When, as here, the balance of hardship "does not tilt decidedly in plaintiff's favor" then a plaintiff must demonstrate a "strong showing of likelihood of success" or a "substantial likelihood of success" by "clear and convincing evidence" in order to obtain relief. Id. at 818 (internal quotation marks and citations omitted). In trademark cases, a plaintiff's burden may be even greater. As we noted in Direx, the foremost trademark authority has stated that "when the hardship balance does not tip 'decidedly' or 'significantly' in favor of the plaintiff," then the plaintiff must prove the "'probability (not mere possibility)'" of success on the merits; in other words, the plaintiff must have "a very clear and strong case." Direx, 952 F.2d at 813 (quoting 2 J. Thomas McCarthy on Trademarks and Unfair Competition S 30.16 (2d ed. 1980)). "' [T]o doubt is to deny'"; thus, "if there is doubt as to the probability of plaintiff's ultimate success on the merits, the preliminary injunction must be denied." Id.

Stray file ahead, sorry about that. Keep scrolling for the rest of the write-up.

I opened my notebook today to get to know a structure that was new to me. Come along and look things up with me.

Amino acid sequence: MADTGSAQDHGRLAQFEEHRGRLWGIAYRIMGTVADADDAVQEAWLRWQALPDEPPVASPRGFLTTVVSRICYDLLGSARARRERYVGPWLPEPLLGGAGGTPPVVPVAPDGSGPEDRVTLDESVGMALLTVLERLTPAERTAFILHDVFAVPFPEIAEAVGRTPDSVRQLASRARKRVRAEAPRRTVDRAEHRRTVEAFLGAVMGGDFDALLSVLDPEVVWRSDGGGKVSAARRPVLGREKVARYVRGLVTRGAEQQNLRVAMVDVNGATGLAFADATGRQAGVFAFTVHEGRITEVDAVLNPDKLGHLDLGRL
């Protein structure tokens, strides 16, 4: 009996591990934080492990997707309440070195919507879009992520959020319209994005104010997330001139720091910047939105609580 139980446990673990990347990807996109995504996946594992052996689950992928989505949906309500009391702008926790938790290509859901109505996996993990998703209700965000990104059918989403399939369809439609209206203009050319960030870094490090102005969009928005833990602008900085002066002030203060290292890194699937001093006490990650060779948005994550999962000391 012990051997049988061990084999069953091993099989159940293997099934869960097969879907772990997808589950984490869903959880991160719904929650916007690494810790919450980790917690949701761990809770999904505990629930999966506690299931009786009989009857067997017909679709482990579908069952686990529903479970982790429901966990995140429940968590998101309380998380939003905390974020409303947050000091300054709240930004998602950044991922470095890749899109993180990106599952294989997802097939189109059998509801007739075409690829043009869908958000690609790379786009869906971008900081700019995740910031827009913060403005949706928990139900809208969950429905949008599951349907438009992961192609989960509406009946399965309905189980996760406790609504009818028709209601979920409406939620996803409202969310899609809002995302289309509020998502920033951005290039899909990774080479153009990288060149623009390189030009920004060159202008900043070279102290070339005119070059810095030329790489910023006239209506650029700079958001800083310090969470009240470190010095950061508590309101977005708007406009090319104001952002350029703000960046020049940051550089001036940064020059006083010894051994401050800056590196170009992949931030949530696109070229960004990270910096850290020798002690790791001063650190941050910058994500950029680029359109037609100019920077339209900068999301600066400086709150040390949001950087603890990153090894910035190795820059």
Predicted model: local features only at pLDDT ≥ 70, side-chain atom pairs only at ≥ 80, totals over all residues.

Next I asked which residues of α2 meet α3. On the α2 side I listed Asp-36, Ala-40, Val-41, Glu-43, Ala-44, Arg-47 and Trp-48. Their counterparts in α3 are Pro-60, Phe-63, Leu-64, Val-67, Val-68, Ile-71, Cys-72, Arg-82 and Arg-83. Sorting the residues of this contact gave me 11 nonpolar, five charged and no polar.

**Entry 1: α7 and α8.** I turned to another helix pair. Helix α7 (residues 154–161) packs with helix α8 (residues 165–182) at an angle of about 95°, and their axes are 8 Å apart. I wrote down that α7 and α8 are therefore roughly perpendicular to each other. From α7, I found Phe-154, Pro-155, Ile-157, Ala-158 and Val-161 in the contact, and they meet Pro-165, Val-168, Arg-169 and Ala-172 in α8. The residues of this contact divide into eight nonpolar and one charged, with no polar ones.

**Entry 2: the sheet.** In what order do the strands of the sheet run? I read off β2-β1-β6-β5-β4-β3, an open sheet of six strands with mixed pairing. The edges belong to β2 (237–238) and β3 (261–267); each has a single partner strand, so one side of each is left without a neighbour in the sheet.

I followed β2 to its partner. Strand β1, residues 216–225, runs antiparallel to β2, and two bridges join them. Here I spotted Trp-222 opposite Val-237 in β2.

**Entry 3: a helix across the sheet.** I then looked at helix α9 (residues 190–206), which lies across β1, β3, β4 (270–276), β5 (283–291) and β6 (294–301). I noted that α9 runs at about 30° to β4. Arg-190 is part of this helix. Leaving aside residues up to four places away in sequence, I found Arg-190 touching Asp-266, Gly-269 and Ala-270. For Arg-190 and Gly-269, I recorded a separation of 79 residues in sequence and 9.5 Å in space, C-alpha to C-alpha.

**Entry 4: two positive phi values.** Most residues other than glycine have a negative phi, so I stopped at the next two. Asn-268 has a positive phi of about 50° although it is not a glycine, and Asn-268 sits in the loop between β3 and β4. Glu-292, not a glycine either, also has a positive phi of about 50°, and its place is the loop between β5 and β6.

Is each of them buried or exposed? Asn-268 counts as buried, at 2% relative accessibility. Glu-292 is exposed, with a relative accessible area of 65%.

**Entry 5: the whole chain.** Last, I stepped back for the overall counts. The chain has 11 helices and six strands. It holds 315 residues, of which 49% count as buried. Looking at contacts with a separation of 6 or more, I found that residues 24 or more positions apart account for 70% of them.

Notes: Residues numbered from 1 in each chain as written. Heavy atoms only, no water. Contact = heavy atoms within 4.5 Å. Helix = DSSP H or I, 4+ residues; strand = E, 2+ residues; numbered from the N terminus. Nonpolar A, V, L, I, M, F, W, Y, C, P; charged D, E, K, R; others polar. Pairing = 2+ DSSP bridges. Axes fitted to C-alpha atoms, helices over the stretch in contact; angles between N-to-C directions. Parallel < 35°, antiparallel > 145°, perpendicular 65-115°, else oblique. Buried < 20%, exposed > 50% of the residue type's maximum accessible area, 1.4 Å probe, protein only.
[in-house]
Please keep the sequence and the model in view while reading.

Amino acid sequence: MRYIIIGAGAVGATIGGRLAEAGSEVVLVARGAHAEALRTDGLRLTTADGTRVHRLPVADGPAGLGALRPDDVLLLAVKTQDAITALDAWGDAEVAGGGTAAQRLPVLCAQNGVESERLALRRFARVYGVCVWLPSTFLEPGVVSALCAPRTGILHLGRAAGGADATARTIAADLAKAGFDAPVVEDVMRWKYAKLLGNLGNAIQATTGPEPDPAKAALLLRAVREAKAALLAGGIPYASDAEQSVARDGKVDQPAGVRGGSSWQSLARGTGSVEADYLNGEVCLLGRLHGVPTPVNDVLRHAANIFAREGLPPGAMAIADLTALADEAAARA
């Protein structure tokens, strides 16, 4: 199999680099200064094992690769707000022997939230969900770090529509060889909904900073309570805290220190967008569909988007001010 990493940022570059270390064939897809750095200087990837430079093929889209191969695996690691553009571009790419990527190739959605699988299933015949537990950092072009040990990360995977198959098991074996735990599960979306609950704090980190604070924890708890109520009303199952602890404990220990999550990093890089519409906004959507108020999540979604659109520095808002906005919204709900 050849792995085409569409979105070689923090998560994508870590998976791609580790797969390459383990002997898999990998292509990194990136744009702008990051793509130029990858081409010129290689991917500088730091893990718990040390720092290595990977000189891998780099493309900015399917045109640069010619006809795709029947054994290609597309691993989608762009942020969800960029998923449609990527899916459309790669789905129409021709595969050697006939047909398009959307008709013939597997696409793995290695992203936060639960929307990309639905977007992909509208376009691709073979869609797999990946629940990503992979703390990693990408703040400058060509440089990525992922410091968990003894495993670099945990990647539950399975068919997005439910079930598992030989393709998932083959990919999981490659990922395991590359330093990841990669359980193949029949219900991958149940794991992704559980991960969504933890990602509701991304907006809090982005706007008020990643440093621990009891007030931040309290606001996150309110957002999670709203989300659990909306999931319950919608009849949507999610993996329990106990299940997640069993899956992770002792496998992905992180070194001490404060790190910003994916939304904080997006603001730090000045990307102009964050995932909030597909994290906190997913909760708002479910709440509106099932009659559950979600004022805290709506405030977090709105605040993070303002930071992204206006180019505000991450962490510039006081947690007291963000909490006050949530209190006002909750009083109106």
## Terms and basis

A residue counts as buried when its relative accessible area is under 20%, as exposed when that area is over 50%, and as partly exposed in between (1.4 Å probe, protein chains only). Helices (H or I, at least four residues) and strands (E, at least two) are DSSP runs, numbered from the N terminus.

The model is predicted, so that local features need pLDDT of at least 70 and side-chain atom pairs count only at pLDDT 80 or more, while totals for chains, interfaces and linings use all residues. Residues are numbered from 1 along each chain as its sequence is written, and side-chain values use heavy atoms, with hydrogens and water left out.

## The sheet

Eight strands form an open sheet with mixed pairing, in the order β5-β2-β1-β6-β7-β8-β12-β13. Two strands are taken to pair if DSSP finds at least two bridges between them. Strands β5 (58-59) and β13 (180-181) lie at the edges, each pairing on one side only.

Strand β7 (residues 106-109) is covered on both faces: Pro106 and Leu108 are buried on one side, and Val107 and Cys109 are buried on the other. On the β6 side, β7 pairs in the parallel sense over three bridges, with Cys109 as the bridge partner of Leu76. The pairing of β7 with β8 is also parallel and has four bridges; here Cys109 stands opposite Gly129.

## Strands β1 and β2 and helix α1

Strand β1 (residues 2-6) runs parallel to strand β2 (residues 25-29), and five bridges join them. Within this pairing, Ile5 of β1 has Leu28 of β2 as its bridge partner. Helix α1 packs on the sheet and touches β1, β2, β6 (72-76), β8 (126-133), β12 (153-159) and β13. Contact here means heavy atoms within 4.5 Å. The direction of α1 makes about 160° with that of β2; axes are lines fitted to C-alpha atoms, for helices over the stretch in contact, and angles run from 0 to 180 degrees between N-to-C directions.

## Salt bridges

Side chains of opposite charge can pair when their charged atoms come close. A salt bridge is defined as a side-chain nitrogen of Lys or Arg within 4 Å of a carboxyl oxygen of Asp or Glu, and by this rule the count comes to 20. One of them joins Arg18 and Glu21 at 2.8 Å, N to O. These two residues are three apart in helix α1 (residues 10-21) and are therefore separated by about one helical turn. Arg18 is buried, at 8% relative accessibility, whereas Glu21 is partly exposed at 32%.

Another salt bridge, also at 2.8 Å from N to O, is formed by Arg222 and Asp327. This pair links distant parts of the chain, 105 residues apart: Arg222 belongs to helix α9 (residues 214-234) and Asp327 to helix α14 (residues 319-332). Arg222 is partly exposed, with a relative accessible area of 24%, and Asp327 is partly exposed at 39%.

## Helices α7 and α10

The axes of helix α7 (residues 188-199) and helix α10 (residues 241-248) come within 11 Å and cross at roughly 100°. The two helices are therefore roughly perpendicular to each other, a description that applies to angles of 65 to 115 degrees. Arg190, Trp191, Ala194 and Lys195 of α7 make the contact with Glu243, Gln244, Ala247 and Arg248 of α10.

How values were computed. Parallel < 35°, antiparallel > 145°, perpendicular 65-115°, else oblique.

With this standard in mind, we turn to the question of whether MicroStrategy has demonstrated substantial likelihood of success on the merits in its trademark infringement claim. For a plaintiff to prevail on a claim of trademark infringement, the plaintiff must first and most fundamentally prove that it has a valid and protectable mark. See Petro Stopping Ctrs. v. James River Petroleum, 130 F.3d 88, 91 (4th Cir. 1997).

The district court held that MicroStrategy had failed to show a likelihood of success on this critical, initial burden. The court reasoned that although the record demonstrated that MicroStrategy had registered approximately 50 marks, it failed to register "Intelligence Everywhere" as a mark and, therefore, did not qualify for protection under 15 U.S.C. S 1114(1) (1994 & Supp. V 1999). With respect to MicroStrategy's claim under the common law of Virginia, the court concluded that "a careful review" of the record did "not reveal" that MicroStrategy used the term "Intelligence Everywhere" to "identif [y] MicroStrategy as a source of goods or services." A. 51.